75. Ray Wylie Hubbard – You can’t talk about songwriters without talking about Ray Wylie Hubbard. Even though his career has mostly been on the periphery of country music, his influence within the genre has been grand. “Up Against The Wall Redneck Mother” is a country music cult classic.
74. Roger Alan Wade – A great late career songwriter whose acoustic albums are songwriting treasure troves. He also wrote the hit “Country State of Mind” with Hank Williams Jr.
73. Faron Young – You just get the sense if Faron had lived longer, his career would have been so much more significantly celebrated.
72. Jason Isbell – An artist whose legacy will certainly put him closer to the front of the list as time marches on, but an artist might be held back just slightly on a country list because he’s more Americana. However country should be proud to claim Jason Isbell as its own.
71. Sonny Throckmorton – Wrote more than 1,000 songs that were recorded by artists, including songs for Merle Haggard, The Oak Ridge Boys, John Conlee, and others. Sonny was named Songwriter of the Year by the Nashville Songwriters Association in 1978, 1979, and 1980.
70. Max D. Barnes – Writer of “Who’s Gonna Fill Their Shoes,” “Drinkin’ & Dreamin” (Waylon), “Look At Us” (Vince Gill), and many more. He won a total of 42 songwriter awards during his decorated career.
69. Wayne “The Train” Hancock – The King of Juke Joint Swing had superior influence in starting the neotraditionalist revolution in the late 90’s with artists such as BR549 and Hank Williams III. His unique voice and stellar songwriting have some calling him the Hank Williams of our time.
68. Chris Stapleton – For himself, for others, and with the Steeldrivers, Chris Stapleton’s songwriters has been one of the beacons of light in country music in the 2010’s—a few missteps with commercial hits notwithstanding.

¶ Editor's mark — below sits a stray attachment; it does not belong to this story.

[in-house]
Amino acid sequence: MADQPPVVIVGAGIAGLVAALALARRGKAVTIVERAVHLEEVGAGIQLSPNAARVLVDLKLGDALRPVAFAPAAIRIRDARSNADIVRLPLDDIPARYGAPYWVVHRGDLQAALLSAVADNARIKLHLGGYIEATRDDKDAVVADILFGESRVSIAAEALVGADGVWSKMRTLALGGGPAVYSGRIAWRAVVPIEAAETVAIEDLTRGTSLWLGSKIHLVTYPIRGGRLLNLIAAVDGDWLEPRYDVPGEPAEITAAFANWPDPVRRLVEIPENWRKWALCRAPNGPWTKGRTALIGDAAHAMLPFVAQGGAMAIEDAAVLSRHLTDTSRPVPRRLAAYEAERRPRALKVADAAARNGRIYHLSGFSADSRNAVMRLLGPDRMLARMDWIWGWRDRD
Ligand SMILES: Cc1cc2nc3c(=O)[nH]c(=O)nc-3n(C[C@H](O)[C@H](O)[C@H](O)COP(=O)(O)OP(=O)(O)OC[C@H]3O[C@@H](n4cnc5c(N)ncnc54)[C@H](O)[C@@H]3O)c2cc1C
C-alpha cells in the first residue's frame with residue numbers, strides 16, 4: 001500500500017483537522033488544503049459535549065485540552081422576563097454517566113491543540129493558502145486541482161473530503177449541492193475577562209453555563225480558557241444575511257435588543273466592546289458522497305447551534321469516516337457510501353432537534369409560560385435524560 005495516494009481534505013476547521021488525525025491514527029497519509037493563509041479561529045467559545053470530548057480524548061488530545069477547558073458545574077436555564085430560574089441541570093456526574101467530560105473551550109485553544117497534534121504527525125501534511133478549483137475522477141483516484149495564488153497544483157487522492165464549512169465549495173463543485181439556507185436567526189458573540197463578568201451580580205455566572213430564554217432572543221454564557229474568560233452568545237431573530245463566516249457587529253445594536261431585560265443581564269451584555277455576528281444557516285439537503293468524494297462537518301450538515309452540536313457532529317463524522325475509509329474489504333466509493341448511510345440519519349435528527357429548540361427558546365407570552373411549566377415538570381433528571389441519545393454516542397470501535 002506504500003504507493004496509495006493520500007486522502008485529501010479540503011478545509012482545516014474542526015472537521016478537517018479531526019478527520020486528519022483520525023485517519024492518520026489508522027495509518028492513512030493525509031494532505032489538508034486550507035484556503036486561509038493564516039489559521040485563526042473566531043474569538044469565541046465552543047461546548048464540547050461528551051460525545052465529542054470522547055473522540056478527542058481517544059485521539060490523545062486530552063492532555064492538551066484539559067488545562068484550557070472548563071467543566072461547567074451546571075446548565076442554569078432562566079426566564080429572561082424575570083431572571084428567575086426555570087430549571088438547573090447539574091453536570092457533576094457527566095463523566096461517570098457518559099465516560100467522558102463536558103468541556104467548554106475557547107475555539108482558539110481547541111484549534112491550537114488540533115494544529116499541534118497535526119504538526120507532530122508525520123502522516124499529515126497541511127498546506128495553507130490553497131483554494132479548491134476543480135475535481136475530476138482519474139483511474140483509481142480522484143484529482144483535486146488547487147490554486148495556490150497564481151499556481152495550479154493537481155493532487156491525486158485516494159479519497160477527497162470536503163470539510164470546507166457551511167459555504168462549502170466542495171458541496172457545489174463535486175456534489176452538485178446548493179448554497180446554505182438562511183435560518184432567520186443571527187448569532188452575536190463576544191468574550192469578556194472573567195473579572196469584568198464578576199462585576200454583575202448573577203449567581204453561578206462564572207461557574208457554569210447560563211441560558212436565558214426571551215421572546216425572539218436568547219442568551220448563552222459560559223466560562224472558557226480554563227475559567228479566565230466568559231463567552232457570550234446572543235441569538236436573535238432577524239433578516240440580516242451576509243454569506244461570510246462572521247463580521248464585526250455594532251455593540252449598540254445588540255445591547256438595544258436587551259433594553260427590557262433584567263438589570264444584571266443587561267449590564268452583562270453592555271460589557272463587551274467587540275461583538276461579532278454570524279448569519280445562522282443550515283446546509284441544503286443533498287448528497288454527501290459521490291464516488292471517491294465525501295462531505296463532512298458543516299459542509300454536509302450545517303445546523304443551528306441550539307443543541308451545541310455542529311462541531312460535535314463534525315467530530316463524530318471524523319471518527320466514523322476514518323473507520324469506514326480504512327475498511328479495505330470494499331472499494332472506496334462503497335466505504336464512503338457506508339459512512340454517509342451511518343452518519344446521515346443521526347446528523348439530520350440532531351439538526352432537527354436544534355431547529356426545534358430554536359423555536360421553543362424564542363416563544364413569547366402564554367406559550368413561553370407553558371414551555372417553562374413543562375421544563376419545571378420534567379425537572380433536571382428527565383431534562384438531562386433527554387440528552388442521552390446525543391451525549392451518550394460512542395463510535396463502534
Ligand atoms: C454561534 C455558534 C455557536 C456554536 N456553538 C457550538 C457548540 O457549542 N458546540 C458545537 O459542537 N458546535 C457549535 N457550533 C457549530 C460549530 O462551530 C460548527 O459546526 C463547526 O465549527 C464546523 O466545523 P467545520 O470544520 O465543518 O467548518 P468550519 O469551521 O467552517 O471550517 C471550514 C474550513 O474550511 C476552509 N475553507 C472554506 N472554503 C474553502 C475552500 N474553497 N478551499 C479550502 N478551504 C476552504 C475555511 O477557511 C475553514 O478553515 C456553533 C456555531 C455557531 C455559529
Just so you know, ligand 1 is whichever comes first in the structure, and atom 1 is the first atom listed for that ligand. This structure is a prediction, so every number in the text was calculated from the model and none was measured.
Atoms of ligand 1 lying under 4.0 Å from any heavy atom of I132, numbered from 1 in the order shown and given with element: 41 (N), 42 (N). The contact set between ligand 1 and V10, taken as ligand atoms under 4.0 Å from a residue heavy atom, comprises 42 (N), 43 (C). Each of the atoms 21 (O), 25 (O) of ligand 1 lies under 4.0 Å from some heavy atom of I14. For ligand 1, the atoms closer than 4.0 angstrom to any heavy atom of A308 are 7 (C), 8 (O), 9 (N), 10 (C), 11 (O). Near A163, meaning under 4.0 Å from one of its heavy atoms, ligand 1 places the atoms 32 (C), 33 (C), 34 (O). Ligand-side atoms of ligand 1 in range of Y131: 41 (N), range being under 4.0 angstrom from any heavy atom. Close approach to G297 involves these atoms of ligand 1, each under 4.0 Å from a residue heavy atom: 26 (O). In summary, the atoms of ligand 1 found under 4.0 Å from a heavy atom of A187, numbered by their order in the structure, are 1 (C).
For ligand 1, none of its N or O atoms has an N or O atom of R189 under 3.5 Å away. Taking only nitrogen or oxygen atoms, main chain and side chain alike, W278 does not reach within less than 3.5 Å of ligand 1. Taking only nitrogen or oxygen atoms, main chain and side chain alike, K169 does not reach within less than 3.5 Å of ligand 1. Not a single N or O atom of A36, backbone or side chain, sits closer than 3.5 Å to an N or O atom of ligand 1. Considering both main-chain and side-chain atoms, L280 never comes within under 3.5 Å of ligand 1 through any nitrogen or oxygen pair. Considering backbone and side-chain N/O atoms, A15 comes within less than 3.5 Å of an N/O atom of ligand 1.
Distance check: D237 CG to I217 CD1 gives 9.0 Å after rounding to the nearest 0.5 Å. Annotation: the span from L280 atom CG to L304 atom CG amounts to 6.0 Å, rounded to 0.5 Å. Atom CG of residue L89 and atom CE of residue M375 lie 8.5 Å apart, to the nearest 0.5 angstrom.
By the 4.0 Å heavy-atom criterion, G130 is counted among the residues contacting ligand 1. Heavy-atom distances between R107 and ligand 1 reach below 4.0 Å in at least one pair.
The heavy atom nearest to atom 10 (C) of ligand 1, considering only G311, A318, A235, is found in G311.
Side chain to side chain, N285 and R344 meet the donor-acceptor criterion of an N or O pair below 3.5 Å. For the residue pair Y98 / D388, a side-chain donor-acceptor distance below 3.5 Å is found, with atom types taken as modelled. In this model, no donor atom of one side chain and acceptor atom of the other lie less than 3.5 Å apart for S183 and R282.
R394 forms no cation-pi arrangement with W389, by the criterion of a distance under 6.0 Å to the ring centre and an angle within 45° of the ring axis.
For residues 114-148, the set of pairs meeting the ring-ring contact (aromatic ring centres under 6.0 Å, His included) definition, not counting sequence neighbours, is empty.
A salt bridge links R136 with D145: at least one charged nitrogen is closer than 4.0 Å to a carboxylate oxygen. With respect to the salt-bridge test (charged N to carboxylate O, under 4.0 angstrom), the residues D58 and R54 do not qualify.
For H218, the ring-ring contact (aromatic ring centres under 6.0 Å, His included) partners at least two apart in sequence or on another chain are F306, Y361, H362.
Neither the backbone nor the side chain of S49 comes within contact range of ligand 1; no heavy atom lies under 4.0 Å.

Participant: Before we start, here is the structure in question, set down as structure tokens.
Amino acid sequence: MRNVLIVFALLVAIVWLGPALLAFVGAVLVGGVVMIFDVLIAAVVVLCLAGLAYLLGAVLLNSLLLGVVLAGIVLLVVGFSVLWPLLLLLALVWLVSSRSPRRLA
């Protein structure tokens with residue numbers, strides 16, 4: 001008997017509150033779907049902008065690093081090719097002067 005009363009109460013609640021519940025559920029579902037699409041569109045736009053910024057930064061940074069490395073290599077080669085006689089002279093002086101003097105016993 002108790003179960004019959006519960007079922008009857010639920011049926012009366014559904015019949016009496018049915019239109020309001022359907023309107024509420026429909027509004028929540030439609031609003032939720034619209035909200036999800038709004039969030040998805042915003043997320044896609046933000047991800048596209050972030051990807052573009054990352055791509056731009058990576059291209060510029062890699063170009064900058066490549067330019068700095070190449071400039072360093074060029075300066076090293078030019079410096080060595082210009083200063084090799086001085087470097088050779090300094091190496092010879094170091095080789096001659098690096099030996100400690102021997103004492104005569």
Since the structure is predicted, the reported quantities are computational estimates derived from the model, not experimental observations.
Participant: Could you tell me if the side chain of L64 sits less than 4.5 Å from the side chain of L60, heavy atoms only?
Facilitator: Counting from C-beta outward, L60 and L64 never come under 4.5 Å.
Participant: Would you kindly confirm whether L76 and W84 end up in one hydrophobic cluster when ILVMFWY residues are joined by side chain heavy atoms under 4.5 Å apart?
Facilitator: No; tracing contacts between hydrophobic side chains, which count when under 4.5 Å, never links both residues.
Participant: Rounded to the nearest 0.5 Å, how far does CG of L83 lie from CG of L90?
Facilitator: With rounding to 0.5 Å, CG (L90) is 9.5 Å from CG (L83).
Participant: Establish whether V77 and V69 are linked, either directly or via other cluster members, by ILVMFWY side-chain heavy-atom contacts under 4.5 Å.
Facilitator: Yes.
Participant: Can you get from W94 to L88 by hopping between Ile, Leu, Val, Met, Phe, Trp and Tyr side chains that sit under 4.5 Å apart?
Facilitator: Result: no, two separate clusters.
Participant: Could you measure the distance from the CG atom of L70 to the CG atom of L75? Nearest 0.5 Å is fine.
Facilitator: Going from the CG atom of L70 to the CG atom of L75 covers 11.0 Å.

67. Chris Knight – Not much cuts like a Chris Knight song. He’s also had his songs recorded by the likes of Randy Travis and Lee Ann Womack.
66. John Hartford – The King of Newgrass had one masterful pen and put a lot of humor into the country music realm, while also penning blockbusters like Glen Campbell’s “Gentle On My Mind.”
65. Jamey Johnson – It’s a rarity that a country music traditionalist of today can say he’s won two separate CMA Awards for Song of the Year. Jamey has accomplished plenty to not allow “Honky Tonk Badonkadonk” to hold him back for history.
64. Bob Childers -The father of Red Dirt, in certain circles in Oklahoma and Texas, Bob Childers is considered as influential as Dylan.
63. Tammy Wynette – Not as prolific as other performers of her stature, but her songwriting work on iconic songs such as “Stand By Your Man” make her worthy of inclusion.
62. Webb Pierce – When Hank Williams was fired from the Grand Ole Opry, it was Webb who was hired to take his place. Webb went on to be one of the biggest country stars of the next half decade. Though not nearly the songwriter as Hank, Webb did write some of his own #1 hits including “Slowly” and “I Don’t Care.”
61. George Jones – Not just one of the greatest voices in country music history, but he wrote “The Window Up Above,” “Why Baby Why,” “Take Me,” and many more.
60. Marty Stuart – Don’t think of Marty Stuart as much of a songwriter? Go listen to his concept album The Pilgrim.
59. Paul Overstreet – Writer of “Forever and Ever, Amen” and “When You Say Nothing At All” with Don Schlitz, and performer/writer of “Daddy’s Come Around.” Discounted slightly because he’s also the writer of “She Thinks My Tractor’s Sexy” and other unfortunate hits, but still a significant country music songwriter in history.
58. John D. Loudermilk – Writer of “A Rose and a Baby Ruth,” “Break My Mind,” “Indian Reservation,” and so many more. An early collaborator with George Hamilton IV, John had many hits in country, rock, and pop, and is one of the most revered songwriters in all of music.
57. Rosanne Cash – The apple didn’t fall too far from the Johnny Cash tree. In fact the argument could be made from an Americana perspective that the pupil rose to surpass the master when it came to songwriting. Johnny definitely had a greater impact on country music, but some of Rosanne’s compositions are some of the best songwriting you can find.
56. Billy Sherrill – Producer extraordinaire whose songwriting credits include many of Tammy Wynette’s biggest hits including “Stand By Your Man” and “Good Girl’s Gonna Go Bad.”
55. Don Schlitz – Writer of “The Gambler,” “Forever and Ever, Amen,” “When You Say Nothing At All,” and many more.
54. Felice and Boudleaux Bryant – When you wrote many of the big hits for the Everly Brothers, and then turn around and write an iconic country tune like “Rocky Top,” your place in the pantheon of great songwriters is cemented.